Backed by Värde Partners, the UK’s largest provider of flexible workspace is rapidly expanding its flexible workspace proposition to key regional towns and cities throughout the UK.
Providing flexible and affordable workspace, including offices, business centres, industrial workshops and storage space, BizSpace now has a total of 105 UK-wide properties, equating to over 6 million sq ft under ownership.
So far in 2018, BizSpace has acquired five properties worth a total of £25.5 million. Locations include Waltham Abbey in Essex, Hemel Hempstead, Cardiff (pictured), Doncaster, and Cheadle in Greater Manchester.
The company has also invested £25 million into refurbishing and updating its core portfolio, implementing cost-saving programmes, reducing energy consumption and improving the work environment for its customers.
BizSpace has more than 4,000 micro and SME customers representing all sectors of the economy, including Reassured, a life insurance brokerage, Stu Art Aviation a high-end furniture company featured on Channel 4, and Boom Boom, a fashion company which counts Kim Kardashian among its fans.
With a strong portfolio of properties in the north of England, BizSpace plans to open more sites predominately in the west midlands, south west and south of the country.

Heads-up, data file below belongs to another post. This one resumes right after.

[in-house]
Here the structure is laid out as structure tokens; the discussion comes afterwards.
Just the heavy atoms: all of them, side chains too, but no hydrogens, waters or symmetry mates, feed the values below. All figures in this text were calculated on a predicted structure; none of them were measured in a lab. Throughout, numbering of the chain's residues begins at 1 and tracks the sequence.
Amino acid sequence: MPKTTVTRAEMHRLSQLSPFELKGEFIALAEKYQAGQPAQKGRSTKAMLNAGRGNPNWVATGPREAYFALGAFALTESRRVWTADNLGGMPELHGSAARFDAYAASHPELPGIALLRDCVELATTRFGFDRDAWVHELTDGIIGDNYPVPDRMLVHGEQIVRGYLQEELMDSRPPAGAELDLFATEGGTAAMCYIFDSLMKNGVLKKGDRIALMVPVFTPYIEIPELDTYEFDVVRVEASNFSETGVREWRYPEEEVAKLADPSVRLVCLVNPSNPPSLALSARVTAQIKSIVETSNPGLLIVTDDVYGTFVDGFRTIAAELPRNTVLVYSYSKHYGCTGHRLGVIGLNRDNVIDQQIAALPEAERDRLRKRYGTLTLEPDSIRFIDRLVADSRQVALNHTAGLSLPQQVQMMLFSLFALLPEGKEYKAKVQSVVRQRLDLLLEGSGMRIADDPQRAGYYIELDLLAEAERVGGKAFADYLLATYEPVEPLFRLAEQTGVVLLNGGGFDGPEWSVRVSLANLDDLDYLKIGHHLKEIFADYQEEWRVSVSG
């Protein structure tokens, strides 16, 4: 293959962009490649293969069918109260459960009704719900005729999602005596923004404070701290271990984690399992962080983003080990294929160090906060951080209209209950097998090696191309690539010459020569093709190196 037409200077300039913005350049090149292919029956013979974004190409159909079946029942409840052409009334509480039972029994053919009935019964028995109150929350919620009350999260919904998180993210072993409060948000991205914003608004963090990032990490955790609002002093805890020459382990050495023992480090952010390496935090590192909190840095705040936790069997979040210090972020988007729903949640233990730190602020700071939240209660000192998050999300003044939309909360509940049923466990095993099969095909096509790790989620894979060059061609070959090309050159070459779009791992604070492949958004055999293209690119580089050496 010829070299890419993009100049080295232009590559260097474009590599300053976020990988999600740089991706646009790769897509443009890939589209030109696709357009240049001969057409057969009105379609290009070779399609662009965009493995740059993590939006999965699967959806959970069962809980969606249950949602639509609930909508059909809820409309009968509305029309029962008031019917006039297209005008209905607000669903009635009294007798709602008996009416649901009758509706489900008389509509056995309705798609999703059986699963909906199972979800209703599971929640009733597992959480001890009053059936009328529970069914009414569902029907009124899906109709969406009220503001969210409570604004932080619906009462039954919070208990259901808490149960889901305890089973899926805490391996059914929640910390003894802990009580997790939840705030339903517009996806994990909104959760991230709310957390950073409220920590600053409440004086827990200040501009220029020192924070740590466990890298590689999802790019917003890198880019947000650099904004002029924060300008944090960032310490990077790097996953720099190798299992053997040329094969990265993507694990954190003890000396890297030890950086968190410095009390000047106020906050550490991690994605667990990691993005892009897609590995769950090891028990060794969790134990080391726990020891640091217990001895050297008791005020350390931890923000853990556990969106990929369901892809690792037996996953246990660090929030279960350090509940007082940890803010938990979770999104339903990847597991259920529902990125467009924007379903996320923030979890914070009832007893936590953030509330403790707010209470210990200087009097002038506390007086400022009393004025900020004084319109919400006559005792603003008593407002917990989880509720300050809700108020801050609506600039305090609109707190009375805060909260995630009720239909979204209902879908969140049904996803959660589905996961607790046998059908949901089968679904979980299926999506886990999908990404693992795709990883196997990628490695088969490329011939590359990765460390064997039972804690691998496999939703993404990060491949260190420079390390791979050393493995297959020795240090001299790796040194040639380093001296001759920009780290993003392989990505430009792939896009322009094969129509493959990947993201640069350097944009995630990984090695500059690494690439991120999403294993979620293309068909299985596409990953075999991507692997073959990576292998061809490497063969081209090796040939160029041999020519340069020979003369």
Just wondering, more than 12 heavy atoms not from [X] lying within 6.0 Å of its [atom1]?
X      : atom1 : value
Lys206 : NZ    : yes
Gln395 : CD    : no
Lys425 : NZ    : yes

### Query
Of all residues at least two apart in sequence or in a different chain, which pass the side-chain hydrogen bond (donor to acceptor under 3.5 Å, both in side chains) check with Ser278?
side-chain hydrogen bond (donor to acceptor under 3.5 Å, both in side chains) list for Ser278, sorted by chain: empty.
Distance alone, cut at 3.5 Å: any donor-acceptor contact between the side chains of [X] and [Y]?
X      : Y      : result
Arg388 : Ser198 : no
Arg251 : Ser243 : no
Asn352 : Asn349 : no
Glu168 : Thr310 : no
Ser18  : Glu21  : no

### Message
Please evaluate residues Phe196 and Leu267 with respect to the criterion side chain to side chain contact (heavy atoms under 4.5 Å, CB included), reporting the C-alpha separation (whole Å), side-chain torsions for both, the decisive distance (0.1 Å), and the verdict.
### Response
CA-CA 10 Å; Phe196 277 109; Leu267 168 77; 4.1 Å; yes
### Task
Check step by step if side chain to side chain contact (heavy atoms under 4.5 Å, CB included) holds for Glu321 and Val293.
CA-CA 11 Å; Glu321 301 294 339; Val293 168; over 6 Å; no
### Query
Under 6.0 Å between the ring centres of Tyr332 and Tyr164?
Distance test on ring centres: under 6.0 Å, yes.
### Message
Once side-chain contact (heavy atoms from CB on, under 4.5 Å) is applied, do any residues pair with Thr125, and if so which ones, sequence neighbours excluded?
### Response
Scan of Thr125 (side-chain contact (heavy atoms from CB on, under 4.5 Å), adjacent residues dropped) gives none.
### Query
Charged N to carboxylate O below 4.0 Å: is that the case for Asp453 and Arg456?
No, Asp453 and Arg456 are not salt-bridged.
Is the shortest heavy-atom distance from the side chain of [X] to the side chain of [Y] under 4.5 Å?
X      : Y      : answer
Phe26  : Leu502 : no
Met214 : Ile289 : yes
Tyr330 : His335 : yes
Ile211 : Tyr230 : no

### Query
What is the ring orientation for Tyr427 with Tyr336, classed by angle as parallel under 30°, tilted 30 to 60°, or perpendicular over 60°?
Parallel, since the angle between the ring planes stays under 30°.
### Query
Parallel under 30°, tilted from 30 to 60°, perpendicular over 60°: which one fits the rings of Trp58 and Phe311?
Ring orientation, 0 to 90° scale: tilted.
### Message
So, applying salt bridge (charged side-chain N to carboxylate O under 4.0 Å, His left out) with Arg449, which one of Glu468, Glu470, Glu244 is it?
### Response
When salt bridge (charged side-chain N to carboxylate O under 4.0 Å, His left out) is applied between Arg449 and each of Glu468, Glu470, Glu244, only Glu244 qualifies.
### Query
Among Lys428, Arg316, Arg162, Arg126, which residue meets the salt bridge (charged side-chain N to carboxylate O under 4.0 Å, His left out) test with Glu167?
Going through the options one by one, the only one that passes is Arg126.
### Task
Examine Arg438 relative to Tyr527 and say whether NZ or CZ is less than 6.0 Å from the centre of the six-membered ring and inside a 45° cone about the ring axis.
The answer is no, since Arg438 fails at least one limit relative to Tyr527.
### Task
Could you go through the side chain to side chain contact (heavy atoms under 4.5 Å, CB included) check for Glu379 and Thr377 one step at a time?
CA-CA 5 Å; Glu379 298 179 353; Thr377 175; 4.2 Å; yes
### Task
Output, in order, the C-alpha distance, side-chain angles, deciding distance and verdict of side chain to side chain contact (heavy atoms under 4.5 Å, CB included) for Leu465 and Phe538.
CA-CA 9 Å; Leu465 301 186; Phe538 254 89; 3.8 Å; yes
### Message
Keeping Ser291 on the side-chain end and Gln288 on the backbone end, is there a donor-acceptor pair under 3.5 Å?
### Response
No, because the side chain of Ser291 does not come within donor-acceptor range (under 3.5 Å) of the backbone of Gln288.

Gareth Evans, Chief Executive at BizSpace said: “We’ve had a fantastic start to the year, building on last year’s success and boosting our portfolio with properties in key sites around the country. Committed to helping the UK’s regional SMEs and entrepreneurs thrive, we choose our locations very carefully on the fringes of town and city centres to ensure we can support local working communities.
“Businesses of all types and sizes are increasingly recognising the benefits of flexible licenses over traditional leases, and there is strong demand for high-quality and affordable space with outstanding customer service and support. The regions are definitely starting to see a benefit from the rate increases in London.
"As the need for improved infrastructure across the UK moves up the political agenda and our towns and cities become better connected, we will see an increasing number of regional occupiers look to take space at local business centres.”